As I said when I went over the Texans cap situation, I wouldn’t want to be the team paying Graham over $2 million a season. Houston is the team doing that: the deal is for three years, worth $11.25 million, and carries $4.5 million in guaranteed money. While I always liked Graham as a prospect, and I do think he can become an effective fourth option in a passing game, I really don’t think that’s the guy you want to sink $3.75 million a year into when the player in question is a) going to be 28 before the season starts and b) has exactly zero experience being effective at being a fourth receiver. In his only real extended action as a starting tight end, Graham finished second-to-last in both DVOA and DYAR among tight ends. He did have a functional 6.8% DVOA as the No. 2 tight end in 2012, but that’s not the role the Texans are envisioning for him with this contract.

Here’s why I started with the talk of projection: because of how bad Case Keenum was at actually checking down last season, I do feel like some of Graham’s poor numbers are the result of the context of the team rather than his individual abilities. I know this is a bold stance, to say that Graham isn’t the second-worst starting tight end in football, but I believe it to be true. The problem lies in figuring out just how good Graham really is. From a scouting perspective, as someone who watches every Texans game, I can’t really say I see any special traits here. Graham’s a solid tight end in a lot of areas, but he has no go-to receiving move, he doesn’t have enough speed to force safeties to play him honestly, he’s not a good blocker, his routes aren’t so crisp that they leave linebackers stumbling, he doesn’t break tackles. He can still be a solid tight end and not have any of those things, but if a tight end has no special qualities and no track record of being productive as the No. 1 tight end, how can you really justify the contract they gave him?

I understand a lot of people are frustrated with the austerity the Texans have shown this offseason. They see a team that went 2-14 and wonder where the changes are. They see free agents fleeing for the hills and are glad to keep somebody. But with how crunched the Texans are for cap room, every little expense needs to be scrutinized. I’m totally okay with them letting the Joe Mayses and Darryl Sharptons of the world walk. I’m fine with Ben Tate leaving, understanding that he wouldn’t have accepted $7 million to continue to be Arian Foster’s backup. I’m less okay with them letting Antonio Smith walk, but understand that he’s an older player and that he probably won’t be productive by the time the Texans are ready to field their next competitive team.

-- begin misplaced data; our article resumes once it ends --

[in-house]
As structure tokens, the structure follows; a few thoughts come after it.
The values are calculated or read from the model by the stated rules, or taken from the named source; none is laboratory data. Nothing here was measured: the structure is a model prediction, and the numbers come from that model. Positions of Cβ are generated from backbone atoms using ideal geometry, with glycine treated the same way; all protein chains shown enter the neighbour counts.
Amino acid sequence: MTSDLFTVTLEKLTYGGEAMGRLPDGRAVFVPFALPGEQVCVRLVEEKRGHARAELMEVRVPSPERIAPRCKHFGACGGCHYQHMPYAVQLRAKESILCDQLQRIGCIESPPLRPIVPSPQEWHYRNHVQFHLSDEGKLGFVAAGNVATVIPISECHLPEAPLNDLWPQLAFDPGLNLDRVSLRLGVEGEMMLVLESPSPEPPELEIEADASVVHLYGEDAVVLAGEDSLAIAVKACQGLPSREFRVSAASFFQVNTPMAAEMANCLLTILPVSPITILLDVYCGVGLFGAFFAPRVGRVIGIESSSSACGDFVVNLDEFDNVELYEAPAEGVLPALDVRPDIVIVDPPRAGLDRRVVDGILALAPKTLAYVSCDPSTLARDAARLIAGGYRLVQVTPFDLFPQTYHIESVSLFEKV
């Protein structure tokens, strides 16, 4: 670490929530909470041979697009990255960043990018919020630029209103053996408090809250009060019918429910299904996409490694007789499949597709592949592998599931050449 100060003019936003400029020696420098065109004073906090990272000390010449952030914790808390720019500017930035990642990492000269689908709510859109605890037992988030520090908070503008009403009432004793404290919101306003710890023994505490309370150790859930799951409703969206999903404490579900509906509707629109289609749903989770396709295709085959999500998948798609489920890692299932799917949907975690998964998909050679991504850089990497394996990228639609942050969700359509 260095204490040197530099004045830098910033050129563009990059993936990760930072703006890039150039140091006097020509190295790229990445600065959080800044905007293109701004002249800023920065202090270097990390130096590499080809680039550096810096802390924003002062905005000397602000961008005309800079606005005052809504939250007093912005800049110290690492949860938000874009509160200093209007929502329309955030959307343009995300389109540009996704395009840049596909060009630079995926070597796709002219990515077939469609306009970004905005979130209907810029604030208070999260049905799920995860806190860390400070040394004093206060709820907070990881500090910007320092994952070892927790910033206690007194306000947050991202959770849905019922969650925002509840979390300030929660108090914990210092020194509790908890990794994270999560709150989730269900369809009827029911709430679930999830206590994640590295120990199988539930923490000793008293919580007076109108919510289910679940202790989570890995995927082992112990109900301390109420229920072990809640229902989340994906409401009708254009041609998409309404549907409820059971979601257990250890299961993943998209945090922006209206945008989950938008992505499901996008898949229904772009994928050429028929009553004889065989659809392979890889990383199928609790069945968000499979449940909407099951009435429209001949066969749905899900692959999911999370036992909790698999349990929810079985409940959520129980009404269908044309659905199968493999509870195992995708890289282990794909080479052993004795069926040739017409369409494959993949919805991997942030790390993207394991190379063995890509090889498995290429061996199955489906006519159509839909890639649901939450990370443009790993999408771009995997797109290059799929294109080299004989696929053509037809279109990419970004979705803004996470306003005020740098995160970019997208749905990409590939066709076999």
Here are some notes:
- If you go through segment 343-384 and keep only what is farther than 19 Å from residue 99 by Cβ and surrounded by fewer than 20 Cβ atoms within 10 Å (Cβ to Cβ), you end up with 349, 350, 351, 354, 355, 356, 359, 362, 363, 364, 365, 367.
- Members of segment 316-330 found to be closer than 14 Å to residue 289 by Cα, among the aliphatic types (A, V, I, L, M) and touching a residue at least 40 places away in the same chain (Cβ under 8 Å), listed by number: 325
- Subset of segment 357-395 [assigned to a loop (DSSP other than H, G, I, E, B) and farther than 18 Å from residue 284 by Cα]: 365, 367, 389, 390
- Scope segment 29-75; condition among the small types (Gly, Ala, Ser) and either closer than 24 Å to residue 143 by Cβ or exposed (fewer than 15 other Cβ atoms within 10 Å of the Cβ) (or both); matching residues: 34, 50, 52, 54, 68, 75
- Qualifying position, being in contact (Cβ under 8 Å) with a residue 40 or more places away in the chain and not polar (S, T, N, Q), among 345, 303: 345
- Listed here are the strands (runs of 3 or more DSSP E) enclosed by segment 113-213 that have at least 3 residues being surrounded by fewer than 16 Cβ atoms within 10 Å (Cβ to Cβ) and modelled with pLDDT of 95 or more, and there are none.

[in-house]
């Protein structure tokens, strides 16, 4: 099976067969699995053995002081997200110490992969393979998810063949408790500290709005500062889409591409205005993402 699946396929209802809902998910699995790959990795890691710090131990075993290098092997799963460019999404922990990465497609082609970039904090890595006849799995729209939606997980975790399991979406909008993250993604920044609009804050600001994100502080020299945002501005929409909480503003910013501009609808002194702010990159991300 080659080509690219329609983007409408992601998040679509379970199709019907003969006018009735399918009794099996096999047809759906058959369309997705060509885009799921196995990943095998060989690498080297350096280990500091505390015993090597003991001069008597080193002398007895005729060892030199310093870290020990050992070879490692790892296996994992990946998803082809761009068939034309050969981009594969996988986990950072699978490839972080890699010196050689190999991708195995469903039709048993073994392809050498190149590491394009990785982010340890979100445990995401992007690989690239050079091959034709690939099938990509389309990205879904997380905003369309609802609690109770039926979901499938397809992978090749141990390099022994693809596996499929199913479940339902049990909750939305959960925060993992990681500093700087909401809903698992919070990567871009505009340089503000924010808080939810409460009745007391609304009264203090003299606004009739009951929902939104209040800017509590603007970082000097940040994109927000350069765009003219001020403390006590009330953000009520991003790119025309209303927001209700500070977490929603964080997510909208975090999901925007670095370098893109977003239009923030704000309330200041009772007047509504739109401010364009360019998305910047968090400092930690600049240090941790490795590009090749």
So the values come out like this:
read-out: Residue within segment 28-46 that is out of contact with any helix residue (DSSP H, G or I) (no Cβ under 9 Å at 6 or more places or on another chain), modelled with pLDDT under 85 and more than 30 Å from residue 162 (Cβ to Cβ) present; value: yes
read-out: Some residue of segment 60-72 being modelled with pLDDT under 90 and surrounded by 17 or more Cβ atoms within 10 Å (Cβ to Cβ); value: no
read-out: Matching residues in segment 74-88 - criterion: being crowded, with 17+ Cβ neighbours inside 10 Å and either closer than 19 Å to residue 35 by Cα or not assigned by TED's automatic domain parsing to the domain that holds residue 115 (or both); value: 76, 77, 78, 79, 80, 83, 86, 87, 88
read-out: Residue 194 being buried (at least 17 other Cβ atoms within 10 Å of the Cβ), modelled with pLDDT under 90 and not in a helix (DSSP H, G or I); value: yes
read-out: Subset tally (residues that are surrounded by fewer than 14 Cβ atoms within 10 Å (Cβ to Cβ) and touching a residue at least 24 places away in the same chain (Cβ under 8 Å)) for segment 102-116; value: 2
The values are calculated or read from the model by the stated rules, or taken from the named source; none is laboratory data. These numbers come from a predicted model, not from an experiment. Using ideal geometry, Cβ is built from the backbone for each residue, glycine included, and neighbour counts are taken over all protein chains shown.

You have to draw a line in the sand somewhere on the “which players on this roster are worth keeping?” discussion. But I don’t think Graham should’ve been the player. Because he doesn’t have a lot of experience actually playing in the league, I think people are using that as an marker of where he is on the NFL scale: a young tight end that could blossom now that he has playing time. But, as I said above, he’s already 28. (There’s a reason he was a free agent.) He never seriously pushed Owen Daniels for playing time, even though Daniels had injury problems and wasn’t very productive in his own right over the past few years. Ed Dickson, to take one guy on the market who has seen little interest, is basically the same player — and he even has the bonus of being more prolific — and nobody is offering him $3.75 million a year. Dustin Keller is a free agent tight end that’s actually produced — albeit one coming off a serious injury — and he’s drawn little interest.

So I’m not going to beat the horse into the ground. This isn’t an apocalyptic signing. This isn’t the kind of franchise-crippling deal that, say, the Raiders actually following through with that Rodger Saffold contract would’ve been. But it’s not a net positive in my eyes. The best-case scenario is that Graham, for the first time in his career, plays up to that deal. That’s not the position you want to be in when you sign someone as a free agent.

And, yet, it could be worse. We could still be on #ReedWatch.

This year, the Texans have the No. 1 pick. It’s been a full-frontal assault of stupid since the day the season ended. From people implying that Matt Schaub isn’t actually so bad, to using their mock drafts to create a hot take that is generally not accepted  – Khalil Mack is totally going to be better than Jadeveon Clowney, you guys, because he’s never quit! — to stirring things up based on the latest innuendo they’ve heard at the combine rather than using their actual eyes.

Here is my one contribution to the draft seas, carefully planned during all the free agency news: